Doug is Study Director of the Secular Buddhist Association. He has a PhD in Philosophy, with a minor in Buddhist philosophy and Sanskrit. In 2013 he completed the year-long Integrated Study and Practice Program with the BCBS and NYIMC. A long time scientific skeptic, he pursues a naturalized approach to practice. He is also interested in scholarship about the Tipiṭaka, and the theoretical and historical origins of the dhamma. He posts videos at Doug's Secular Dharma on YouTube. Some of his writing can be found at academia.edu.

Comments (6)

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  1. bagmanhattan bagmanhattan says:

    Doug, I’m going to respectfully disagree with this, and I’ll explain why as I go along. Please feel free to disagree with me.

    You write:

    “We like to think that our collective memory will outlive Earth”.

    Who’s this “we” you refer to? It reads like a broad generalisation. How many people you know have told you that they think this thought?
    I have to tell you that in my 75 years of lived experience I’ve never met anyone who holds this to be true. Are you and I living in the same world?

    You write:

    “We imagine that somehow (and you cite a number of worthwhile human activities, describing them as “ambition”) we shall escape death”. You qualify this with “many of us”. This seems to me as patent nonsense. How many people do you know who have told you unequivocally that they will escape death by having children, or undertaking scientific research, through creative writing or any other of the wholsemome and worthwhile activities you think derive from ambition? I know no-one who is so short-sighted. It may be the case that some Buddhists claim to believe in some form of afterlife, but it’s my experience that – when this is challenged – it is weakly helded: “Well, that’s what Buddhists believe, isn’t it?”, or “Well, didn’t the Lord Buddha say he’d experienced former lives?”, or some such unprovable metaphysical stuff.

    You write:

    “The question we all face is how to be happy in the face of these truths (and you cite the examples of inevitable loss you proposed in your strike-them-out inventory). It’s a cliched truism that we all encounter loss sooner or later in life. Some experience more loss than others, and some are more vulnerable to its impact than others, maybe because they are socially isolated, or have experienced repeated trauma, or are very young. But you seem to suggest that a normal response to loss is to seek happiness, and I wonder where you’ve encountered such a response, except perhaps in the very young or emotionally very immature.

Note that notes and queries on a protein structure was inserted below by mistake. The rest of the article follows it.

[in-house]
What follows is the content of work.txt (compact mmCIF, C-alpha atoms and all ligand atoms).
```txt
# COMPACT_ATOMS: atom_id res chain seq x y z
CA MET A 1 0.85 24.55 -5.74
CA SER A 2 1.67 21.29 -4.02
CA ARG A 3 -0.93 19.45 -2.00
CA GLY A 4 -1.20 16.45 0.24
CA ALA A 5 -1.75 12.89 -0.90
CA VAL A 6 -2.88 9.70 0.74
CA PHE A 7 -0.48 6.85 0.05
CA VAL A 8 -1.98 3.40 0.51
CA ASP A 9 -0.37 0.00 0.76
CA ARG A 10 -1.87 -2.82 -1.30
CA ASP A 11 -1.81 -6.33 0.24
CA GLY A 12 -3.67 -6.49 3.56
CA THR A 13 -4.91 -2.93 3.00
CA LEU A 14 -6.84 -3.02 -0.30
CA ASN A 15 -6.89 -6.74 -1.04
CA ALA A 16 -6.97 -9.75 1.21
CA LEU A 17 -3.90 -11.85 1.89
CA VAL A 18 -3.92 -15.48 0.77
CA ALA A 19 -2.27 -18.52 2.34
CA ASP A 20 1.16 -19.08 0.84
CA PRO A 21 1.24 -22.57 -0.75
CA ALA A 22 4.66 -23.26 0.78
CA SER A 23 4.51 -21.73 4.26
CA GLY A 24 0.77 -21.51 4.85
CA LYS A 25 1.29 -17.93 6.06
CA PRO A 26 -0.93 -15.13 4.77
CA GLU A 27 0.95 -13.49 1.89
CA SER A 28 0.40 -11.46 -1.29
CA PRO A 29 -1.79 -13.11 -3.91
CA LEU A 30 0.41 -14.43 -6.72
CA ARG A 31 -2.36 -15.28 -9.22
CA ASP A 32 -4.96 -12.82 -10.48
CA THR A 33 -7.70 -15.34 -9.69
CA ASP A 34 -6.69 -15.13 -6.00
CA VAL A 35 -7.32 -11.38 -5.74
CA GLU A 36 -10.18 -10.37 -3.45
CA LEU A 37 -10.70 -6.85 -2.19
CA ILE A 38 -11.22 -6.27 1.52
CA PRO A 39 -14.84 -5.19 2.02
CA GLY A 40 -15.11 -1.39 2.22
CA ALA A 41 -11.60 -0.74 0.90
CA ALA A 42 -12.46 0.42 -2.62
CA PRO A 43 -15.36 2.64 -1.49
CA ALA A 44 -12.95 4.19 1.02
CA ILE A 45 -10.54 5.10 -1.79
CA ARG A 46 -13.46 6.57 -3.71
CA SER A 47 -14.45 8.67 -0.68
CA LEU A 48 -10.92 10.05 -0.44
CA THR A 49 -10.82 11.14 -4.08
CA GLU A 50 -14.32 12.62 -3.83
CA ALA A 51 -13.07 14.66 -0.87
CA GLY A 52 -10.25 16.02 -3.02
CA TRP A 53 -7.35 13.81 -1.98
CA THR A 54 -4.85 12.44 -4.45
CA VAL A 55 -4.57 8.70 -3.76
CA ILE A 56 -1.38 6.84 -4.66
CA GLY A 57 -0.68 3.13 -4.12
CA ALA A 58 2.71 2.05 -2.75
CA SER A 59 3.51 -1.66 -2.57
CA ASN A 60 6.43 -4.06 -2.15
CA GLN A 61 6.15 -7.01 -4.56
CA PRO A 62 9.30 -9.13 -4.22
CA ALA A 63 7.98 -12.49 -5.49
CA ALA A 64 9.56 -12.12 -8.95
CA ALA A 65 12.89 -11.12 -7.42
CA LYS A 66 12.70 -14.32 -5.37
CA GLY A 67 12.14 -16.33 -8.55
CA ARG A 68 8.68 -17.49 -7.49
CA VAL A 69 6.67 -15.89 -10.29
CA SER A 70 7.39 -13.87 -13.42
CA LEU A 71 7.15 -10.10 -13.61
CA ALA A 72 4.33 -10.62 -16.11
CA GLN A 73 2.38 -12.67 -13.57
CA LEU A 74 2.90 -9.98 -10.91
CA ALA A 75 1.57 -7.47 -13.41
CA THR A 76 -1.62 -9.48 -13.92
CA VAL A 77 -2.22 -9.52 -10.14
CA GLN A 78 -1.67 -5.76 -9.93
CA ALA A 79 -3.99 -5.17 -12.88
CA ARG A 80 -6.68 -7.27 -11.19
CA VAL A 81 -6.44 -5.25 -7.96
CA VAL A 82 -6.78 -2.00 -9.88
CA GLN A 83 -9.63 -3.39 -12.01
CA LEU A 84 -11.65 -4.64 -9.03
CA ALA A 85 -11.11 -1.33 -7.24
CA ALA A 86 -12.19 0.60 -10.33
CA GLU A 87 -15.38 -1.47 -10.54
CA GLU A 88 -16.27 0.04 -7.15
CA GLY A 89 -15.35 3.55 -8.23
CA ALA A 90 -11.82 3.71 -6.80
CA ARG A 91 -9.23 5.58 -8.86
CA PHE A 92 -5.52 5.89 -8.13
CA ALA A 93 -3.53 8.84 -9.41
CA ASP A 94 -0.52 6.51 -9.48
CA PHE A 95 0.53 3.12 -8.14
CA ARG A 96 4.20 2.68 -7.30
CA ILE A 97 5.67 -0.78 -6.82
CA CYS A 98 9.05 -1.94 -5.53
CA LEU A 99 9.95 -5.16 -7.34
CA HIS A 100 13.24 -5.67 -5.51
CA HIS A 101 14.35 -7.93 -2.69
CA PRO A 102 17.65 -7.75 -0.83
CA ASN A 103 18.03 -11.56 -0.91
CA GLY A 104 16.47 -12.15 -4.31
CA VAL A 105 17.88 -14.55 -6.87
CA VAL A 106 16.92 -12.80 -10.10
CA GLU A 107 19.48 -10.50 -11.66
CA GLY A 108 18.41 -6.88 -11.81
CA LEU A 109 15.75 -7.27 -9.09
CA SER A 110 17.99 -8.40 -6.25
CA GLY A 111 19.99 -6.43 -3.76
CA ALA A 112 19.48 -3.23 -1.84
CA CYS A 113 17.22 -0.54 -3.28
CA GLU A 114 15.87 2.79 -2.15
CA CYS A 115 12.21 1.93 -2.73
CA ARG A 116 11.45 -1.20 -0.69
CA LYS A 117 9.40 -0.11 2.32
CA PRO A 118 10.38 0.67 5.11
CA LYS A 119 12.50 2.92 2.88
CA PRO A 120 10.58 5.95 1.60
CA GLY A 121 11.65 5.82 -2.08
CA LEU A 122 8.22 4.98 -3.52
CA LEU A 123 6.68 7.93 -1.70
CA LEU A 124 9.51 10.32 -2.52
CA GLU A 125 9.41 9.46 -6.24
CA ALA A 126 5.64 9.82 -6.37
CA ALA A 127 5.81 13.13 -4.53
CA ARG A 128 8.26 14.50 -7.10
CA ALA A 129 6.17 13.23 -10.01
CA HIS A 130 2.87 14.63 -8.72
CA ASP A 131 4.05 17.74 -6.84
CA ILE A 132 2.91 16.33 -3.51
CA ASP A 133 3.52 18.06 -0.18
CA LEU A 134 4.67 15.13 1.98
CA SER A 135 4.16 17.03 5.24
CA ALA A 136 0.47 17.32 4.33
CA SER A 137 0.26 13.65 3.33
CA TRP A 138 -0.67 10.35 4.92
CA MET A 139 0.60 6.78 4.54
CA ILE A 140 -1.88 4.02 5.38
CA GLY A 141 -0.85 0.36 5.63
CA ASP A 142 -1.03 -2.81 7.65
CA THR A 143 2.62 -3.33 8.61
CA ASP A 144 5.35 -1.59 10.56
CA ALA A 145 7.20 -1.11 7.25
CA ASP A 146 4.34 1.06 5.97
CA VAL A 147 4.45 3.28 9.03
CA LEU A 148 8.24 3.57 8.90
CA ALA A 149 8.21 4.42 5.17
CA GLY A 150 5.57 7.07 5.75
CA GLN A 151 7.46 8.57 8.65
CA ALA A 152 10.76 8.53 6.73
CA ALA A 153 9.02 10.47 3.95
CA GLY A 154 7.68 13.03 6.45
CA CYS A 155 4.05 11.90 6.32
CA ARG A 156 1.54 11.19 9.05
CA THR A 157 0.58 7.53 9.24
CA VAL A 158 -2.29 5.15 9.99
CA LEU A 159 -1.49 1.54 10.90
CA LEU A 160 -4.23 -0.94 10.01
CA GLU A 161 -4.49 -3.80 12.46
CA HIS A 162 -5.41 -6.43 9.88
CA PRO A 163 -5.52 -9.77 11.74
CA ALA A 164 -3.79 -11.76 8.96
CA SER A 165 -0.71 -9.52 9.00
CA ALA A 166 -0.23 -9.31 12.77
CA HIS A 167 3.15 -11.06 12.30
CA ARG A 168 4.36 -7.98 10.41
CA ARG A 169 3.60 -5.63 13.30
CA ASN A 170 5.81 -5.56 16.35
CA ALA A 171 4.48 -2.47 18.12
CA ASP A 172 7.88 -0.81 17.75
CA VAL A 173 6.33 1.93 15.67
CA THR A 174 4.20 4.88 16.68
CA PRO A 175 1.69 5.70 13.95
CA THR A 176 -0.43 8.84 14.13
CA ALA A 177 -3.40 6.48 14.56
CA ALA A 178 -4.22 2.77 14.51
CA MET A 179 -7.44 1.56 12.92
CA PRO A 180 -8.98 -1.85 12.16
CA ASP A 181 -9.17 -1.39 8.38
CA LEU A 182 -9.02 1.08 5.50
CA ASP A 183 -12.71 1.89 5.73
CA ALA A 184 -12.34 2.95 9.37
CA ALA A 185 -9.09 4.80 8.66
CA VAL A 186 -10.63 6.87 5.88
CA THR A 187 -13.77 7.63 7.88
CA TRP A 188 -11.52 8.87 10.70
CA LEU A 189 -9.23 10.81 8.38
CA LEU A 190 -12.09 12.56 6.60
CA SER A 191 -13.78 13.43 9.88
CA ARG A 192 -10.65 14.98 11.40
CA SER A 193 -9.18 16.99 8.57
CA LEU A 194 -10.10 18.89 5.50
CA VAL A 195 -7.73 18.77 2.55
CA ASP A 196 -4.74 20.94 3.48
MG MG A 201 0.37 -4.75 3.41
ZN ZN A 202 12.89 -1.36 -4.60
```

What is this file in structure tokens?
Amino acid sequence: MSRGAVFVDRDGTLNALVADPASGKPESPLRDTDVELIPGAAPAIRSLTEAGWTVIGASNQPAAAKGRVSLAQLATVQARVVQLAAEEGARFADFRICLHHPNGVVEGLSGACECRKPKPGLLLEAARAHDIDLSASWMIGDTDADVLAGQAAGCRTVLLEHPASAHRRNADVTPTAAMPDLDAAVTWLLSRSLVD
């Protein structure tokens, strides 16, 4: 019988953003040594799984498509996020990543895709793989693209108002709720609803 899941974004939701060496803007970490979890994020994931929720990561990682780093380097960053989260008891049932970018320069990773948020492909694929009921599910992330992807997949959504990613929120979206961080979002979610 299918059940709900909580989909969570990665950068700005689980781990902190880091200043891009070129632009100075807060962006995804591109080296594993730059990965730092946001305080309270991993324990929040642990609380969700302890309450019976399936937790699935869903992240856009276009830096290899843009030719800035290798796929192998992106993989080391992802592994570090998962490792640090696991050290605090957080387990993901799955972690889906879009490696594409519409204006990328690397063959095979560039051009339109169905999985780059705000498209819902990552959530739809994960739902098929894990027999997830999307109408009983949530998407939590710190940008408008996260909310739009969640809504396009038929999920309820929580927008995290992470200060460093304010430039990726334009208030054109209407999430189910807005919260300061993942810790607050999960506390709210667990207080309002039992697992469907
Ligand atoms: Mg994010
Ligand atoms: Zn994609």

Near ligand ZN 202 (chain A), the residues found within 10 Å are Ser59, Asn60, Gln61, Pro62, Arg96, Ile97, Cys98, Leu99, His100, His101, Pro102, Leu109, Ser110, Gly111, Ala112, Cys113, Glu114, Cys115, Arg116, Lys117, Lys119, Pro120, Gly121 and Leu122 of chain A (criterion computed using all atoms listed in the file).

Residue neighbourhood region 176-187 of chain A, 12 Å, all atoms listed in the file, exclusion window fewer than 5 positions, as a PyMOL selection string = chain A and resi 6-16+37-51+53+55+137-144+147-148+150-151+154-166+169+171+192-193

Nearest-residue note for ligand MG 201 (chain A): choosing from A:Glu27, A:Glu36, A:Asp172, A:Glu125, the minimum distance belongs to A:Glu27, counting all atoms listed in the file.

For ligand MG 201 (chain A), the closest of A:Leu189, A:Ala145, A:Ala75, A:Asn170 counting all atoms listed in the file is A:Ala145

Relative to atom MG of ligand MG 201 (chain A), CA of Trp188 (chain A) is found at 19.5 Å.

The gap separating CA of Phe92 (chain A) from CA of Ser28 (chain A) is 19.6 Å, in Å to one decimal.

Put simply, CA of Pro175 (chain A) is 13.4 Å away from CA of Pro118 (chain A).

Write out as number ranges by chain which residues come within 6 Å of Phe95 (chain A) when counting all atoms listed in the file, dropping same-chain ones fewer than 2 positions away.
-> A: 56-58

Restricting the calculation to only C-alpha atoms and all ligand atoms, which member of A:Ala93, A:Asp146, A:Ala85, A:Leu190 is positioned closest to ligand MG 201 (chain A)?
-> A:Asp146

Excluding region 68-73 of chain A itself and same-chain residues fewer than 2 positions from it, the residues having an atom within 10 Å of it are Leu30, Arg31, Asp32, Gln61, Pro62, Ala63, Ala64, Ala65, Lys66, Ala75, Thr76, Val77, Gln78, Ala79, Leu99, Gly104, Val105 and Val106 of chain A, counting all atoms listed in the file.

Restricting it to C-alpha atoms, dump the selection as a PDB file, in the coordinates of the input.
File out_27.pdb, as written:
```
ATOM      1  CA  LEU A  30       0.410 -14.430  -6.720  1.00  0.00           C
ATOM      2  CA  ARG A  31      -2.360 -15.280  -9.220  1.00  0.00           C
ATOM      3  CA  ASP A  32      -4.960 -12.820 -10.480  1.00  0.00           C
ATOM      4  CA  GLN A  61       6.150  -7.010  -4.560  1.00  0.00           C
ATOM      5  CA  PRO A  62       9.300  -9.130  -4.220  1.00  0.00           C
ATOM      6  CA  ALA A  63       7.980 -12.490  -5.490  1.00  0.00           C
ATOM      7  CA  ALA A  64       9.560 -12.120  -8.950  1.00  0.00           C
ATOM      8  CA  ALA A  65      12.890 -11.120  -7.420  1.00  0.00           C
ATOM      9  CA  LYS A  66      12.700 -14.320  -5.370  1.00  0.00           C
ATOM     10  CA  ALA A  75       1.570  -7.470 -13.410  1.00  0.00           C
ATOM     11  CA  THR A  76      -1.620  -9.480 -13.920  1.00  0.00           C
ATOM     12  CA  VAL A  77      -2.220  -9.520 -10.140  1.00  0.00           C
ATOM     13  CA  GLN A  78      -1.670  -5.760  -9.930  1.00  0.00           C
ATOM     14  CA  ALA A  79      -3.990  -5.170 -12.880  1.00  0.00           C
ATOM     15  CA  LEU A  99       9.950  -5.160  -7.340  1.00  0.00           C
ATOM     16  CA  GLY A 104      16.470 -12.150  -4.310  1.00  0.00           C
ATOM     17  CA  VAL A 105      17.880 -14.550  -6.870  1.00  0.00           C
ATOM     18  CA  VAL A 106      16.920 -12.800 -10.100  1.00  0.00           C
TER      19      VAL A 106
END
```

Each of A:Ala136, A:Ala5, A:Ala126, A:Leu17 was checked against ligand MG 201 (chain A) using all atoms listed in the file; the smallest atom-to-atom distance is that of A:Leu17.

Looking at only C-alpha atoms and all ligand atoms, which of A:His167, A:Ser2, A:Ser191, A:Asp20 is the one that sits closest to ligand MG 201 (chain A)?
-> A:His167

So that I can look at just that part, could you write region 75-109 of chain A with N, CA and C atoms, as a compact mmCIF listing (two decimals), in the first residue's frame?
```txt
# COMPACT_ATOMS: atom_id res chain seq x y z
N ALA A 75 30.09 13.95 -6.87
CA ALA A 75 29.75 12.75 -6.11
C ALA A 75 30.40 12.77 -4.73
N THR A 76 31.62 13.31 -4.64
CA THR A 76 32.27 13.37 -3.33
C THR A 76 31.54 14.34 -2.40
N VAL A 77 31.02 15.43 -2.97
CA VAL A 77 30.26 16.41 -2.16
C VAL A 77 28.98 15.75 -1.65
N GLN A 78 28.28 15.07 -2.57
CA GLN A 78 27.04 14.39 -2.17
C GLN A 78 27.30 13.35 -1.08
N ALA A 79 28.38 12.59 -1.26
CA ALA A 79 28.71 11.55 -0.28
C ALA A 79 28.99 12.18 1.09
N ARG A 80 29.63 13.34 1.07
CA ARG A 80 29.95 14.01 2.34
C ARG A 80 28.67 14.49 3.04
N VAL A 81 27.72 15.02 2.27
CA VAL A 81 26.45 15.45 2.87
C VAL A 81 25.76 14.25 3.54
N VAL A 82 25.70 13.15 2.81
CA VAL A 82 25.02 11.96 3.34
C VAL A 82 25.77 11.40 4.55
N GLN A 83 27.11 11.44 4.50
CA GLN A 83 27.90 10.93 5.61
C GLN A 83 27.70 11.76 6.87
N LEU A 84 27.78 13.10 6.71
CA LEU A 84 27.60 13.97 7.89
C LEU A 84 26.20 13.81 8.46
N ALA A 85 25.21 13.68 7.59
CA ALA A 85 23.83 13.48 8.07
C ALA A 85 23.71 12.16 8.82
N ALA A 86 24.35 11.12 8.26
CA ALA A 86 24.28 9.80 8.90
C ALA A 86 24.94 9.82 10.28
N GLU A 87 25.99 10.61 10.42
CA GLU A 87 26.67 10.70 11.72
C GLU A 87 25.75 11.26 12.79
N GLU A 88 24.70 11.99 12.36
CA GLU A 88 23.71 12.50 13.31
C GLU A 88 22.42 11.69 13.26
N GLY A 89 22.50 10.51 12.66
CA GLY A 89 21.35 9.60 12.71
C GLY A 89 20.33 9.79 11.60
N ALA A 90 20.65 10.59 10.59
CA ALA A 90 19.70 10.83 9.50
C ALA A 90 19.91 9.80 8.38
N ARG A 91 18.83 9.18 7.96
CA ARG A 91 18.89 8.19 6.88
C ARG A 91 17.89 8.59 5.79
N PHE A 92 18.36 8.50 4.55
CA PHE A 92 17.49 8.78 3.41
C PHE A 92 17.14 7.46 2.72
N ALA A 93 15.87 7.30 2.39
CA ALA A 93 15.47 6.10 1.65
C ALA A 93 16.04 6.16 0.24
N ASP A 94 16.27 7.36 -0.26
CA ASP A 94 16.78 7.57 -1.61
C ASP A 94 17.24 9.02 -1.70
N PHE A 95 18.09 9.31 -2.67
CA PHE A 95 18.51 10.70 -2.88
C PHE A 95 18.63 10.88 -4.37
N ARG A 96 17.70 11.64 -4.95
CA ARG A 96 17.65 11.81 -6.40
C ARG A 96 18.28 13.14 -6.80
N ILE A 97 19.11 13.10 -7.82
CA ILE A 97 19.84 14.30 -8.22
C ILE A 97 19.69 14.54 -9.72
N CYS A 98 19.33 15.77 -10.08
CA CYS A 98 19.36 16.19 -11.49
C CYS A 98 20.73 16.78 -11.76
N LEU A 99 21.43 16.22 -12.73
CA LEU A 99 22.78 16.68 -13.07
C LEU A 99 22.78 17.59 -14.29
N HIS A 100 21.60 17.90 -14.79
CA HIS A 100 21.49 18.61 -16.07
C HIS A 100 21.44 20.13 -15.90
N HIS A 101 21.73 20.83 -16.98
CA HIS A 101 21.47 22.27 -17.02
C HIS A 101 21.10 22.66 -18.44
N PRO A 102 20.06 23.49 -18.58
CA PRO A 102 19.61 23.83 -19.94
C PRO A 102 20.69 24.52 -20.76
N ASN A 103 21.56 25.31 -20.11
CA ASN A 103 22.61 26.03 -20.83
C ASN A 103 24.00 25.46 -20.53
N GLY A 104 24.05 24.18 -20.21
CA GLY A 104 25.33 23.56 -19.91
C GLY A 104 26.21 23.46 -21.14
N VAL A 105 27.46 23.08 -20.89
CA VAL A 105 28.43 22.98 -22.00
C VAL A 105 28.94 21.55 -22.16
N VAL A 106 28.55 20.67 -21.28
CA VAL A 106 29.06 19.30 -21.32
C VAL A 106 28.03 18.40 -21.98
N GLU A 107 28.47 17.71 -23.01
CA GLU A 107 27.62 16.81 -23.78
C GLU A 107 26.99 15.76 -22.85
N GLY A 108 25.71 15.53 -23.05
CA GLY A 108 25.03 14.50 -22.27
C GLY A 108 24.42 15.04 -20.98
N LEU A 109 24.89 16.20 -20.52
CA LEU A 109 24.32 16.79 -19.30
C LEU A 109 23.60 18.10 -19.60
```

My professional background is nursing. I’m recently retired after over fifty years in service. For about twenty five years I was involved in charitable (Buddhist) hospice work, not just with Buddhists. In all that time it has very seldom been my experience that people facing or experiencing loss settle into a state of either seeking or mourning the loss of happiness. People adapt incrementally to loss, sometimes after a period of adaptive struggle with shock, anxiety, sadness, anger and the other normal and necessary concomitants of bereavement. In the Prufrock stanzas you quoted, the footman’s snicker was met with a momentary anxiety, not with crushing defeat.

    You write gloomily and with what seems a kind of perverse evangelical relish, “The wheels of samsara crush all”. Well, if this is to be the slogan of secular Buddhism, I don’t think you’re going to find many hearts will be gladdened by its message!

    You write:

    “we need a strategy for coming to terms with the lone and level sands”

    Hardly encouraging, I think. My own starting point would be an acknowledgement and a celebration of the human heart and mind for openness to human experience, the touchstone of everything we know and value and aspire to, and of our human qualities of kindness, empathy, generosity, joy, confidence, patience, wisdom, generosity, resilience, endurance, creativity, mirth, nobleness of spirit and cooperative fellowship with others.

    You declare – as if authoritatively – that ‘getting rid of snickering’ is the point of practice. For it may be thus. I trust you don’t claim the right to be prescriptive for the practice of others. I practice because I can, and want to, for its own simple sake. If I were asked for my recommendation on practice, I would say just that.